For one, I would have to be gone from my own church for two and a half weeks and miss three Sundays, something neither I nor the elders of the church find desirable. And what about all the other projects that I am involved in such as writing, counseling, preparing teaching materials and the like? While other staff members and elders could fill the pulpit and minister to the immediate needs of the people while I was gone, none of them could handle these other projects for me. I would come home to an almost insurmountable workload – and I would come home exhausted. There would also be a good chance that I would acquire some kind of exotic “bug” while in Brazil, something I often manage to do when traveling abroad (at this I proved to be successful once again). Then there was the financial situation. This was an expensive trip and, as with most ministries of this nature, the expense would be all mine.
So, while a ministry in Brazil presented a wonderful opportunity, it offered many difficulties – the decision was not cut-and-dry. It certainly would have been nice if the Lord audibly told me what to do. Barring that, I could have used some reliable hunch or prompting. I would have been happy with just a little of the “peace of God” guiding me, but as usual I was both at peace and simultaneously anxious over either decision. Examination of circumstances and “open doors” led both ways and, as mentioned earlier, godly counsel was of little help. So what was I to do?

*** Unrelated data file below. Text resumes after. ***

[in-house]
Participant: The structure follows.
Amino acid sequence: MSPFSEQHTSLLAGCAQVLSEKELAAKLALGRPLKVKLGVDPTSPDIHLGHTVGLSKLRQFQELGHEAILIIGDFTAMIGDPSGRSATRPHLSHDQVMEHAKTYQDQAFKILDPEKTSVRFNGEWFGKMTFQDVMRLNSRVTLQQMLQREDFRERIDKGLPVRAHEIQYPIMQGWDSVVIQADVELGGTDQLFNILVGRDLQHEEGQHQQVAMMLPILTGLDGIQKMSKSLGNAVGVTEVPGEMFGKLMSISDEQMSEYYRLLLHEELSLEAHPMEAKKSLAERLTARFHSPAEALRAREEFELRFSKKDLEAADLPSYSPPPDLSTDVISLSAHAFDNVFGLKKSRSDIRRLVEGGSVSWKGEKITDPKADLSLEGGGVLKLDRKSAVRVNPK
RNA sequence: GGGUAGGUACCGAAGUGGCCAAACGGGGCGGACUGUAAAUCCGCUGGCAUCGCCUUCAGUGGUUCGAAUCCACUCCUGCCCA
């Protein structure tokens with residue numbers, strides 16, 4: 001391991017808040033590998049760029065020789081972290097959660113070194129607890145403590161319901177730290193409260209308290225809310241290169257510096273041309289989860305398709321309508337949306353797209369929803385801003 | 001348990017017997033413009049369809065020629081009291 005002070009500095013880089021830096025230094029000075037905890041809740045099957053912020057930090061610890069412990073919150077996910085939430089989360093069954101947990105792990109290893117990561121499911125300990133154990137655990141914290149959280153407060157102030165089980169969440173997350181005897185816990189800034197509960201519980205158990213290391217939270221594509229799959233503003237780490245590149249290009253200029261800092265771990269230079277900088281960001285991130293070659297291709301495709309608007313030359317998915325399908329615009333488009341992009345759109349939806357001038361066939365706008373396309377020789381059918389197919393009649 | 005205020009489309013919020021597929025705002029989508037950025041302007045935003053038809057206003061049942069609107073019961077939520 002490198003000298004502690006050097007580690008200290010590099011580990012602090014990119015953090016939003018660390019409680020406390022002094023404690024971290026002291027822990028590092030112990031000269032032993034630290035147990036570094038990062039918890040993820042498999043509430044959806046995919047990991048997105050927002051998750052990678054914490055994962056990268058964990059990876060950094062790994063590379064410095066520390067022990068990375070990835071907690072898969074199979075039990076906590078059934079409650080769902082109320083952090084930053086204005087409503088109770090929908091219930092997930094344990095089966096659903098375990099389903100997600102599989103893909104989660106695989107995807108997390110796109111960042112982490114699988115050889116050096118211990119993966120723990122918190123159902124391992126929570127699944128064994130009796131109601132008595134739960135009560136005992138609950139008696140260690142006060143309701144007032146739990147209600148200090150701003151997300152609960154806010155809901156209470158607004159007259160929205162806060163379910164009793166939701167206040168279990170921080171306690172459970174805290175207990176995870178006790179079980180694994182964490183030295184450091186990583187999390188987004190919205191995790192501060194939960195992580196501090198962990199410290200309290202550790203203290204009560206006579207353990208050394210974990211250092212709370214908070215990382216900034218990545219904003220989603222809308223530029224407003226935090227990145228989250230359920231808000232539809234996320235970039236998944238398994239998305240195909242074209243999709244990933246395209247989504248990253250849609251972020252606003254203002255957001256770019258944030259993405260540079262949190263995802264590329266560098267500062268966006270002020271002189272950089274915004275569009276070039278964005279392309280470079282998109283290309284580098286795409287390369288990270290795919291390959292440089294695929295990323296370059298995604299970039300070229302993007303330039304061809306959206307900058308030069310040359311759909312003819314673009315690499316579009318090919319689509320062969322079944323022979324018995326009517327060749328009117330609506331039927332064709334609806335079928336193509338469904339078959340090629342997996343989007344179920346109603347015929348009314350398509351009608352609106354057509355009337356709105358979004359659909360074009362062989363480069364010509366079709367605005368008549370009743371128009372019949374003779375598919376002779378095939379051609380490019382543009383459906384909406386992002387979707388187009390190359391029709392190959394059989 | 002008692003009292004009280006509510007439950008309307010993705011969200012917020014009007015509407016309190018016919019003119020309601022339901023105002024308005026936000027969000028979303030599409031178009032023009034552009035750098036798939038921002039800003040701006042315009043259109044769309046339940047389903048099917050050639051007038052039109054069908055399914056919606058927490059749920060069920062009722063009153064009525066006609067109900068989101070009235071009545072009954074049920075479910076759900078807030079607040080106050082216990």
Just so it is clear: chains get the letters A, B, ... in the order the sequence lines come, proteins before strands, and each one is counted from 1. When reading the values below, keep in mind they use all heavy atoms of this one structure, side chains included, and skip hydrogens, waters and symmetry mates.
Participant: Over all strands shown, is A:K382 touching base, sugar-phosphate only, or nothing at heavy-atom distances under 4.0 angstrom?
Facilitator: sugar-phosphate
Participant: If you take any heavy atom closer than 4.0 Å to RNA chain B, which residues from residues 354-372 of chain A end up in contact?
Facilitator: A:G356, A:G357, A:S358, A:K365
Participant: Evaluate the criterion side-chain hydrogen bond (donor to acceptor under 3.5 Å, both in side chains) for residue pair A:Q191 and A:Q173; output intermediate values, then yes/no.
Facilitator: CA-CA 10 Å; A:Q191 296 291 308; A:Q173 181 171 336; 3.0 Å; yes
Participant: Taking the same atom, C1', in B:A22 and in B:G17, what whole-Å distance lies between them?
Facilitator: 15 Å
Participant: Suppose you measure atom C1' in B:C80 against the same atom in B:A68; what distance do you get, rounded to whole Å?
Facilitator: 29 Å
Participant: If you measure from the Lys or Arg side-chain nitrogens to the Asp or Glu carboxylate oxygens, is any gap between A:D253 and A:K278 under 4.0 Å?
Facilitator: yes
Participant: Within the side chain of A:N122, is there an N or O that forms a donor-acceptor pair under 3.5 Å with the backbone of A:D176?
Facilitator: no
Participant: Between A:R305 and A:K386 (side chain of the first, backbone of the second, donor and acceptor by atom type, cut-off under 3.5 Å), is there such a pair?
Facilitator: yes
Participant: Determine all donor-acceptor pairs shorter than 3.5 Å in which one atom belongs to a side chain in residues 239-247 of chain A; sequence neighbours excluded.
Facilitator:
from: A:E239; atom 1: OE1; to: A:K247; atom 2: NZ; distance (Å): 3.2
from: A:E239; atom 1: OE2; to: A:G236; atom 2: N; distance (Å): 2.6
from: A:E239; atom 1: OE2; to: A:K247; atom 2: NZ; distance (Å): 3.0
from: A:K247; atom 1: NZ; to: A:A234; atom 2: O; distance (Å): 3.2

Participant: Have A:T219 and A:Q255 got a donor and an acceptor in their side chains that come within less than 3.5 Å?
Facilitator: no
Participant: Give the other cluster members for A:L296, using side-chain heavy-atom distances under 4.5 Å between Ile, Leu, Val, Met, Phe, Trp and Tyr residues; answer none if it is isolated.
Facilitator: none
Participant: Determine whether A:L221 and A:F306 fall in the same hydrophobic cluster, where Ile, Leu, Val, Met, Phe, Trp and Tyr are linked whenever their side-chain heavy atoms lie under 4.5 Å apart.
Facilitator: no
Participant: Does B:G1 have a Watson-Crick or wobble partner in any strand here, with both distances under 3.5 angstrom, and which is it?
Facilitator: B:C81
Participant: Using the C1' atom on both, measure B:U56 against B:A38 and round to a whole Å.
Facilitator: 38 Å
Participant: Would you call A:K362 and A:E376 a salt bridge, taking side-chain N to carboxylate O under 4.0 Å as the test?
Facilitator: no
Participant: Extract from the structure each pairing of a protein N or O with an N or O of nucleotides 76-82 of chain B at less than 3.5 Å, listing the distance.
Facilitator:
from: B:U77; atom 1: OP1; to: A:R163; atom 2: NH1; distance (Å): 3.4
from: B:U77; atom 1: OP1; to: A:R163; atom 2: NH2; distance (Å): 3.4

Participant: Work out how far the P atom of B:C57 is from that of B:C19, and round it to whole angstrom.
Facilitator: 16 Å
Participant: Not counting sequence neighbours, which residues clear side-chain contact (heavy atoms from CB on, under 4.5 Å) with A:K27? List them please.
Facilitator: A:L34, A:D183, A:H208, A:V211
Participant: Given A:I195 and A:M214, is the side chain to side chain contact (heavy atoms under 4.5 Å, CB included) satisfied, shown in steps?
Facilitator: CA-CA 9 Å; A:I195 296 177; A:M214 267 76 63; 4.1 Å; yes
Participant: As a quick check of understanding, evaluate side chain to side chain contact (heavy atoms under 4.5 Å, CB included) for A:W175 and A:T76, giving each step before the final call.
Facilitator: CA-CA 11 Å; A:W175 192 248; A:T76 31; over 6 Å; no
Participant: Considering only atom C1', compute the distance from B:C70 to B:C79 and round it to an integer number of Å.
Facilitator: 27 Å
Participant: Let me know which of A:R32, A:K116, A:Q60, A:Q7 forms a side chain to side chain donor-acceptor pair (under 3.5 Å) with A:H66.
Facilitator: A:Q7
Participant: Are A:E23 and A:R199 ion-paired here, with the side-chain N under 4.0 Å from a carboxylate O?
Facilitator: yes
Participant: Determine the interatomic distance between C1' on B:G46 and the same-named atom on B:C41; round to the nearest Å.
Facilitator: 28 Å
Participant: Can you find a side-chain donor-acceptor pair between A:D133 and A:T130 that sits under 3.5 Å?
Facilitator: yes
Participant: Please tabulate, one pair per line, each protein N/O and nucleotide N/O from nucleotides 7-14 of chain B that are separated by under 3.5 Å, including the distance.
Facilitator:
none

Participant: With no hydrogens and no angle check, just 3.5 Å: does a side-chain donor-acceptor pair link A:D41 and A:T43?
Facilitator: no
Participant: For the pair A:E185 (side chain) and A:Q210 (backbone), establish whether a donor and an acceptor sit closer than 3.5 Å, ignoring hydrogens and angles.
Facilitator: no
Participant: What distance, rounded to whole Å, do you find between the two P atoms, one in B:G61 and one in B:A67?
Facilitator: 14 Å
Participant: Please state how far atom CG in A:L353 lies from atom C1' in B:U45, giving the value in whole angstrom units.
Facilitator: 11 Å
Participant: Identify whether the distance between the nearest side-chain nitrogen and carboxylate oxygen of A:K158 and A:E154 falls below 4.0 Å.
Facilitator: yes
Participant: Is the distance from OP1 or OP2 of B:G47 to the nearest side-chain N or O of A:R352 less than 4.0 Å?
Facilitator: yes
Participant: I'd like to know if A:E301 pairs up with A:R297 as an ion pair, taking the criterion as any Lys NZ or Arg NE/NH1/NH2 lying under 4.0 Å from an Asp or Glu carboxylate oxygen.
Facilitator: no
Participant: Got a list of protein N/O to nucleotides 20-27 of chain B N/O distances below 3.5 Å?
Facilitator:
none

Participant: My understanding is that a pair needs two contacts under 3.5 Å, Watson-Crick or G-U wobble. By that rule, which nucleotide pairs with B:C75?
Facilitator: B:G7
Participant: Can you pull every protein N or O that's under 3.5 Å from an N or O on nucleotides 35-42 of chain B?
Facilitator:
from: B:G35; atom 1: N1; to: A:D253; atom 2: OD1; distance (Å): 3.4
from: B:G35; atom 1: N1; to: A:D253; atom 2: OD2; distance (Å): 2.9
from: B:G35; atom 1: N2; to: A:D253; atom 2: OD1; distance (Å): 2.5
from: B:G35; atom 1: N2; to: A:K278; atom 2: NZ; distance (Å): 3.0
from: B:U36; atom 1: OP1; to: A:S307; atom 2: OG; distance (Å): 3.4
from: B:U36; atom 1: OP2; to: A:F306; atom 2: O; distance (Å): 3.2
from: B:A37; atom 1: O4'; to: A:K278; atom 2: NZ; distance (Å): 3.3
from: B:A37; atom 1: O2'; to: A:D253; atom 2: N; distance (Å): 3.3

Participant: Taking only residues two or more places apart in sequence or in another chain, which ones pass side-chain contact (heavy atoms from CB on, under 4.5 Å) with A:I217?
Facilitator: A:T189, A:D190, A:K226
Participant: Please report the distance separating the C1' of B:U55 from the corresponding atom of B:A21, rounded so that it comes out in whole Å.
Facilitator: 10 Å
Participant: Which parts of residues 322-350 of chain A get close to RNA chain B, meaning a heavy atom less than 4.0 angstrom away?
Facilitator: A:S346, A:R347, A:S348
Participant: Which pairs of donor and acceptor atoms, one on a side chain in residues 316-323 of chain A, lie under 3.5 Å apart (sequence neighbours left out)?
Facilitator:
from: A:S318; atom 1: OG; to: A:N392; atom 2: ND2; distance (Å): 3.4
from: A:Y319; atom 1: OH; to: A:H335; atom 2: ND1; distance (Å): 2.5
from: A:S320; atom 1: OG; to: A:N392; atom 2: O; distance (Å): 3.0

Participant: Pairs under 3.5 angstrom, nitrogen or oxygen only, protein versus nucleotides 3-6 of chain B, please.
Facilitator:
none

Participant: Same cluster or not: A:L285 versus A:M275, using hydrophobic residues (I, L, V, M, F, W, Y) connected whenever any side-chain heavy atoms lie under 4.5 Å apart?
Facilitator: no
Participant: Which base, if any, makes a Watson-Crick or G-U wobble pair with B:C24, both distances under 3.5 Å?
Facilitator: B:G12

In the end, I chose to make the trip, but on what basis? God had not spoken to me either audibly or mystically. Peace was elusive as was good counsel. Doors were open in all directions. Obstacles were equally evident at every turn. Even Scripture contained no verses saying, “Thou shalt (or shalt not) go to Brazil .” How could the right decision be made – one which would most honor God?
Biblical Decision Making